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Palestinian Women: Building a Palestinian state and society

March 17, 2015 6:10 P.M. (Updated: April 15, 2015 2:23 P.M.)
By: Alastair McPhail
Alastair McPhail is the British Consul-General in Jerusalem

Earlier this month, Palestinians joined people around the world celebrating International Women's Day. Palestinians have much to celebrate on this day. I've been struck during my time here by the dedication of Palestinian women: running successful businesses; influencing politics; building communities in spite of the difficult conditions imposed by the Occupation.

To celebrate International Women's Day, I spent last week meeting Palestinian businesswomen. All had inspiring stories of overcoming obstacles to achieve their success. I would like to share some of their stories. And I would like to describe how the British government is helping Palestinian women to achieve their economic potential.

To start off, I would like to share a story from the Palestinian Business Women Forum. Last week, I met a number of leaders, business owners, and entrepreneurs, all of whom have achieved great success. One of those inspiring women was Ikhlas Sawalah, the owner and manager of SIBA Soap. Ikhlas started her project from scratch, researching the benefits of olive oil and how it can be used in soap production.

The Business women forum and its technical arm, the Business Development Center offered her great support, and today she is building a new factory in Jericho to ISO standards. Ikhlas has achieved impressive success despite having to overcome social, economic and political obstacles.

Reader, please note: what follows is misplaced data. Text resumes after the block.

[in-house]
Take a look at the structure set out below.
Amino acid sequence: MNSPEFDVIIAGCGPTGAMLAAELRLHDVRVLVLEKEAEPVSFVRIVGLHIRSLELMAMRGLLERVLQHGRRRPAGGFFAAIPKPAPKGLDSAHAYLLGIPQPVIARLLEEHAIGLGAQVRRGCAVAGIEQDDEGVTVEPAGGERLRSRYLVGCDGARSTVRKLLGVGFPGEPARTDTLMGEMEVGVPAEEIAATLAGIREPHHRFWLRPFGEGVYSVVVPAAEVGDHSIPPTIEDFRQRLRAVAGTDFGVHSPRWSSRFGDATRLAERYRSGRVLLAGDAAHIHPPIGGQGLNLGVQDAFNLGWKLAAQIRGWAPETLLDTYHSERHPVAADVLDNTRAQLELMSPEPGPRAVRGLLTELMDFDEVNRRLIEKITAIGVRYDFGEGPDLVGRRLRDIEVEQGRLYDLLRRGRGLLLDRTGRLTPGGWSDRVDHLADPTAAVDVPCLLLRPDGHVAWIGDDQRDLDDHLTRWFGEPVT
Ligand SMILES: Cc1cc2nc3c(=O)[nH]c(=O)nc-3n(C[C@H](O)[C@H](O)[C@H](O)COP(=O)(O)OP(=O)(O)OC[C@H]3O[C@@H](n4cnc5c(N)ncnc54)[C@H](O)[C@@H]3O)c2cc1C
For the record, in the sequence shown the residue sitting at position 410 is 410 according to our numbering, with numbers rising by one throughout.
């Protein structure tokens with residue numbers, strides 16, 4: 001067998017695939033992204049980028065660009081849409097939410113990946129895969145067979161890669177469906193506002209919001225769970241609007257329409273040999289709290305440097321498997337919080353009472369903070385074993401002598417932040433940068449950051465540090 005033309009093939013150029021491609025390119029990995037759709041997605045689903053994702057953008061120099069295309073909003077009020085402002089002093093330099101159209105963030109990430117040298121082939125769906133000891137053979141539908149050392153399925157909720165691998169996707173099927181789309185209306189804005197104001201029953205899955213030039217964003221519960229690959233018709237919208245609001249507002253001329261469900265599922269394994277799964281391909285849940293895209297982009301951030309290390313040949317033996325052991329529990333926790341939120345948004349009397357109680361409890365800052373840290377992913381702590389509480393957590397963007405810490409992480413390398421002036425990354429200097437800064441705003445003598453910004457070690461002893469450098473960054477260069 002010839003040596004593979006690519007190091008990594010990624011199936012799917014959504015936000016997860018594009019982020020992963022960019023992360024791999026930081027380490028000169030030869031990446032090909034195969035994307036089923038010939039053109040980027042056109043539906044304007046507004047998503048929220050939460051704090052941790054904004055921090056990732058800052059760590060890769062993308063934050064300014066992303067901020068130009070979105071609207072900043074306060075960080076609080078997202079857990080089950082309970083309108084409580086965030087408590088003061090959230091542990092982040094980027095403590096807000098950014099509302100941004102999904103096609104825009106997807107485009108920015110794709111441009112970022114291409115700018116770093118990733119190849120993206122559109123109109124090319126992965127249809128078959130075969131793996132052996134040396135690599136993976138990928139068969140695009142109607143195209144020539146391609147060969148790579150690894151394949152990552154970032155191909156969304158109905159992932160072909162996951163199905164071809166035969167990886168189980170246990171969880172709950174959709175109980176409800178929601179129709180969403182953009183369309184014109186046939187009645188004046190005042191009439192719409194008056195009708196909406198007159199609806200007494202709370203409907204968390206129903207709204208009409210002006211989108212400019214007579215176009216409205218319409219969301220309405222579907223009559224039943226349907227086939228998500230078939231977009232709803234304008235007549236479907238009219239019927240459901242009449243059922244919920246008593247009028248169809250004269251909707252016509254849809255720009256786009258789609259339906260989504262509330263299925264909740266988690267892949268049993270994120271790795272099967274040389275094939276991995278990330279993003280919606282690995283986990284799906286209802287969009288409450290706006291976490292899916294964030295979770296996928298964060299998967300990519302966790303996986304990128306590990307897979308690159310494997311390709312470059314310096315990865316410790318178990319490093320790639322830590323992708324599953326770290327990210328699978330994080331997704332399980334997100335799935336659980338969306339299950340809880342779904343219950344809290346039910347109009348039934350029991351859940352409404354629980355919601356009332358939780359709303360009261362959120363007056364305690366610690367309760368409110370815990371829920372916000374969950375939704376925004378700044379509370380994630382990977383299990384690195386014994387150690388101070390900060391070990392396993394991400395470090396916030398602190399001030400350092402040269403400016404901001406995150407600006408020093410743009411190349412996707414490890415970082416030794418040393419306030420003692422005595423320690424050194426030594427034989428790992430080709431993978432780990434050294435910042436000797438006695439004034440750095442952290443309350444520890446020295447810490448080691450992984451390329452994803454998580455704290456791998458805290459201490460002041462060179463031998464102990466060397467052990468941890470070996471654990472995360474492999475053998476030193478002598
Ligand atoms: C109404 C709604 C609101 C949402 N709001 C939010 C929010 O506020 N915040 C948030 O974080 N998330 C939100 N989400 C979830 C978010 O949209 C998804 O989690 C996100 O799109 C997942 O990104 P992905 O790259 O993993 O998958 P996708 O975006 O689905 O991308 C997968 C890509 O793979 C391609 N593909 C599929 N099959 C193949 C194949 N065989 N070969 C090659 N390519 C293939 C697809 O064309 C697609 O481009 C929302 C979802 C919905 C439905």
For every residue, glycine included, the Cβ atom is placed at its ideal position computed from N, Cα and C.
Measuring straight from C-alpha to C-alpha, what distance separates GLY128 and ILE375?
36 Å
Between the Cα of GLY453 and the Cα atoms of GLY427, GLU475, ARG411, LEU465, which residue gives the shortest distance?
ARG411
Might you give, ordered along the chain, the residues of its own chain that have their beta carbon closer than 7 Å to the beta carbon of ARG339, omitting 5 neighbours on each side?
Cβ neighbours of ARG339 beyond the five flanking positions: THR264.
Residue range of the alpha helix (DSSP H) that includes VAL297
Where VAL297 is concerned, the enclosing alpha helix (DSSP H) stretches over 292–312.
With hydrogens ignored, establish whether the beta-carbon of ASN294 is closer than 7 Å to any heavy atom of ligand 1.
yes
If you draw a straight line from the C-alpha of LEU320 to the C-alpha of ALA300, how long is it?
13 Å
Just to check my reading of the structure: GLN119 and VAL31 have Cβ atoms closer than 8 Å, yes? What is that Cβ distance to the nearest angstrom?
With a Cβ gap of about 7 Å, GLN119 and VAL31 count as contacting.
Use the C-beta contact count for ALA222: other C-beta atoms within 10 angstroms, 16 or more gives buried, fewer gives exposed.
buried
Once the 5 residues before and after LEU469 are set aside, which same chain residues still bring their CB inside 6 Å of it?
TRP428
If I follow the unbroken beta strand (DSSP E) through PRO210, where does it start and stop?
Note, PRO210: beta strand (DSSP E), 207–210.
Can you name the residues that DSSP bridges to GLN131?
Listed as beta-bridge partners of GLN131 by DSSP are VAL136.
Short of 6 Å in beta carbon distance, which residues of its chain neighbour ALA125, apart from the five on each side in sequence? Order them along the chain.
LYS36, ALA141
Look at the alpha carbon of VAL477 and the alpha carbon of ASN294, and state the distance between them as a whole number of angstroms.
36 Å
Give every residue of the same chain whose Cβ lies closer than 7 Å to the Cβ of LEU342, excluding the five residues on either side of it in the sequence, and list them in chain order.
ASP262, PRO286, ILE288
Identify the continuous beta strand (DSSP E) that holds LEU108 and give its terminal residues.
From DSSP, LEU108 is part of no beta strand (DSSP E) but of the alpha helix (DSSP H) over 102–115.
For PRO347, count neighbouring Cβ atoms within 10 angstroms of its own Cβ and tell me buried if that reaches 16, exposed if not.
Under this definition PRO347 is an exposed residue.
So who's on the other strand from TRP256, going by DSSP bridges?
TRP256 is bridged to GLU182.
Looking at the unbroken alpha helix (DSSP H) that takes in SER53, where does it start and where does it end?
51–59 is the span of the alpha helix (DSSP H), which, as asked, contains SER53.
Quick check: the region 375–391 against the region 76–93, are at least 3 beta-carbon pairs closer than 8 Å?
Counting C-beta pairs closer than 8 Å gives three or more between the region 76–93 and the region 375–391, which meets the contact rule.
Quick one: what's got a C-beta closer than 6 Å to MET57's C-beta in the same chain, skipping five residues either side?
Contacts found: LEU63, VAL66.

My second story comes from Noura Khaliefeh. This inspiring young lady owns "Noura Heritage House," employing around 80 women. They combine modern designs with Palestinian traditional embroidery.

Noura is a Jerusalemite, but felt it necessary to open her business in Ramallah as many of her clients cannot enter Jerusalem. It is sad that such business is shifting away from Jerusalem. I hope that one day Noura will be able to open up in Jerusalem as well as Ramallah. In spite of this, Noura is aiming high – she is aiming to reach international markets, expand the business and introduce a furniture line.

My final story comes from I Rawabi, the first master-planned Palestinian city. I had the privilege of meeting the large number of talented, enthusiastic young women working as architects, engineers, and in many other professions there. They described to me the challenges of forging a career in professions where fewer women have traditionally worked. Their enthusiasm for the project was infectious.

Having heard these success stories and witnessed this determination, I am proud that the British government is supporting Palestinian female entrepreneurs and professionals.

Firstly, through our Chevening scholarship programme. Over the past 20 years, we have supported a large number of Palestinian women to gain masters degrees in the UK. One of our priority areas in the programme is support for private sector development. We hope many more young women entrepreneurs or professionals will apply for the programme next autumn.

Secondly, through our Department for International Development, we have provided significant support to Palestinian businesses through the Palestinian Market Development Programme. One of the businesses that has benefited is the Noura Heritage House I mentioned earlier.

Finally, through our projects fund, we have provided support to women’s groups who are serving their local communities. For example, In Fasayel in the Jordan Valley we helped women obtain machines that render dairy production more efficient. In Idna west of Hebron, we helped women acquire modern sewing machines.

The 105th International Women’s Day was a great opportunity to celebrate the achievements of Palestinian women. Now we need to work together to overcome any more barriers to women succeeding. I hope we will be able to celebrate more success stories on the 106th International Women’s Day next year.
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